If all you're really hoping to do is tinker so that you get an auto-login terminal on startup, then you have lots of options. Some login managers have automatic login settings--where a specific user is logged into the system after a specific time expires with no other login request.
Alternatively, since you mention "batch files" in an earlier post, perhaps you're thinking in terms of system startup scripts. If that's the case, then I'd point you to read about the inittab file (man inittab
and various websites you can find with Google). It should not be difficult to modify inittab to startup a terminal on one of the virtual consoles (Ctrl-Alt-FX) under a specific user id (e.g. "su -c '/bin/bash' someusername").
If you're interested in what I described earlier (a terminal displayed simultaneously with the username/password request), then I can't help you there--I've never tried it and can only guess where to start (i.e. the login manager's configuration file and/or source code itself).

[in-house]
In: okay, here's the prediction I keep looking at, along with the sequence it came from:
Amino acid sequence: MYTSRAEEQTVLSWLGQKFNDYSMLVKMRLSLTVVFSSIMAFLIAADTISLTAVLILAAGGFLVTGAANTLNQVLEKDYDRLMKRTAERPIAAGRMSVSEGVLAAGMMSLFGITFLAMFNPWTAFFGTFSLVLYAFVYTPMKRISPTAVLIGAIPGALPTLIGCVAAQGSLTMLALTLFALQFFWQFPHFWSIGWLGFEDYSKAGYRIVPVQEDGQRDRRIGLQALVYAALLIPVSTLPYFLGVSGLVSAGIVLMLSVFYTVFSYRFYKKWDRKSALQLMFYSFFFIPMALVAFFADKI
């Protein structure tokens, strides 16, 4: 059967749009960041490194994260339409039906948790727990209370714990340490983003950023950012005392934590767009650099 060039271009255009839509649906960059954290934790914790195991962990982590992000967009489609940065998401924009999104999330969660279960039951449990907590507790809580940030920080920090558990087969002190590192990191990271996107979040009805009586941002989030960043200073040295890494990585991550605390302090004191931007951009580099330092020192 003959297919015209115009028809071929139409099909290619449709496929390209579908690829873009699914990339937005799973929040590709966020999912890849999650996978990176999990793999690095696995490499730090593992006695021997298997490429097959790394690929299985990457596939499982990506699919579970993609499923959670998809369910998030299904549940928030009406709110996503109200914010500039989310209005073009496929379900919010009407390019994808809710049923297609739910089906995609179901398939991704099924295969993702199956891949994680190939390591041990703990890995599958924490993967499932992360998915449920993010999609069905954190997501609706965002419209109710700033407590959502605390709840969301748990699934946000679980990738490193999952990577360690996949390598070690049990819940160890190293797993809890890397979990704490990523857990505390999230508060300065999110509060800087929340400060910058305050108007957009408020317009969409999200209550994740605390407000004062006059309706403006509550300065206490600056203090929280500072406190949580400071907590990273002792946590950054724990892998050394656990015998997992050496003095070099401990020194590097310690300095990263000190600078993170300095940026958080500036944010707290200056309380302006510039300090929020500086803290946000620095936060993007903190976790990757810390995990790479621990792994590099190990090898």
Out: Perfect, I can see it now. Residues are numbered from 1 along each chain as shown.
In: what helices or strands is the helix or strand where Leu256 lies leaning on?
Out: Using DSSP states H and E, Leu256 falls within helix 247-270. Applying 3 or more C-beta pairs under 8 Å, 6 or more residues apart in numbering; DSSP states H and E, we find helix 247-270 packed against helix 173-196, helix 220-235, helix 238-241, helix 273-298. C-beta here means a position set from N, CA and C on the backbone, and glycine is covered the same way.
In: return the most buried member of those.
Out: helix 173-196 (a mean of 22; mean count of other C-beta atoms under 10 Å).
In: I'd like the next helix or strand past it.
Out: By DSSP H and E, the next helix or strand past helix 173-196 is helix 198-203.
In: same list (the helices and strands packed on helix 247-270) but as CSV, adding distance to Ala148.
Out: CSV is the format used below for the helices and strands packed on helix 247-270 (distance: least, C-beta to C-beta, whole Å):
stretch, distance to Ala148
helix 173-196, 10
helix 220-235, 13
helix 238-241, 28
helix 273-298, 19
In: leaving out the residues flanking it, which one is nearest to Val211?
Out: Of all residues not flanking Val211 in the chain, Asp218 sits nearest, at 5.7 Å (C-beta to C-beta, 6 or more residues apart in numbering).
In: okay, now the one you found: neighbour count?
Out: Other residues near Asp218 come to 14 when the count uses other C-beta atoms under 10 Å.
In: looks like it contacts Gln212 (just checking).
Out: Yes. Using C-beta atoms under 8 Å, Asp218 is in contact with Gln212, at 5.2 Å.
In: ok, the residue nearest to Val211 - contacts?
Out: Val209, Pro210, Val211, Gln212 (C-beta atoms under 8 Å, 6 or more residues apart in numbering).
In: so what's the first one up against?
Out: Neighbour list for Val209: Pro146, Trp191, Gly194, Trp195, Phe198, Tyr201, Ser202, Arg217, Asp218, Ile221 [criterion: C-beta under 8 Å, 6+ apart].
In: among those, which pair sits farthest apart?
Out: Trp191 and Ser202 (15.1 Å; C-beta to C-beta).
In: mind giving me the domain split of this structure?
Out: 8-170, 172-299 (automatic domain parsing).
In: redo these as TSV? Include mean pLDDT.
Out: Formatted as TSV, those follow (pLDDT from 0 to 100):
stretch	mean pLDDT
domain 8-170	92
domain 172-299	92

but the answer to the question WOULD provide a means of circumventing the login
I understand the concern, and we could have a robust discussion on it. Though, from my perspective, there's no more danger than when a computer offers a service to the outside world. The service could be (a) full of security exploits or (b) mis-configured allowing (potentially unintended) user-elevation. The same is true with an auto-login terminal. It can be configured/locked-down well or not.
The point of difference appears to be that you're thinking of it as the OP asking for a method to open a terminal on a system that is not configured to provide it. Whereas my perspective on it is giving direction to a solution that requires pre-existing administrative access to provide the terminal. If the OP has administrative access, there's no security problem. If the OP does not have administrative access, then he has no ability to configure the system and the point is moot.
But, if one of the wise and powerful forum mods comes along and passes judgment that this, indeed, runs afoul of LQ policy. Then so be it.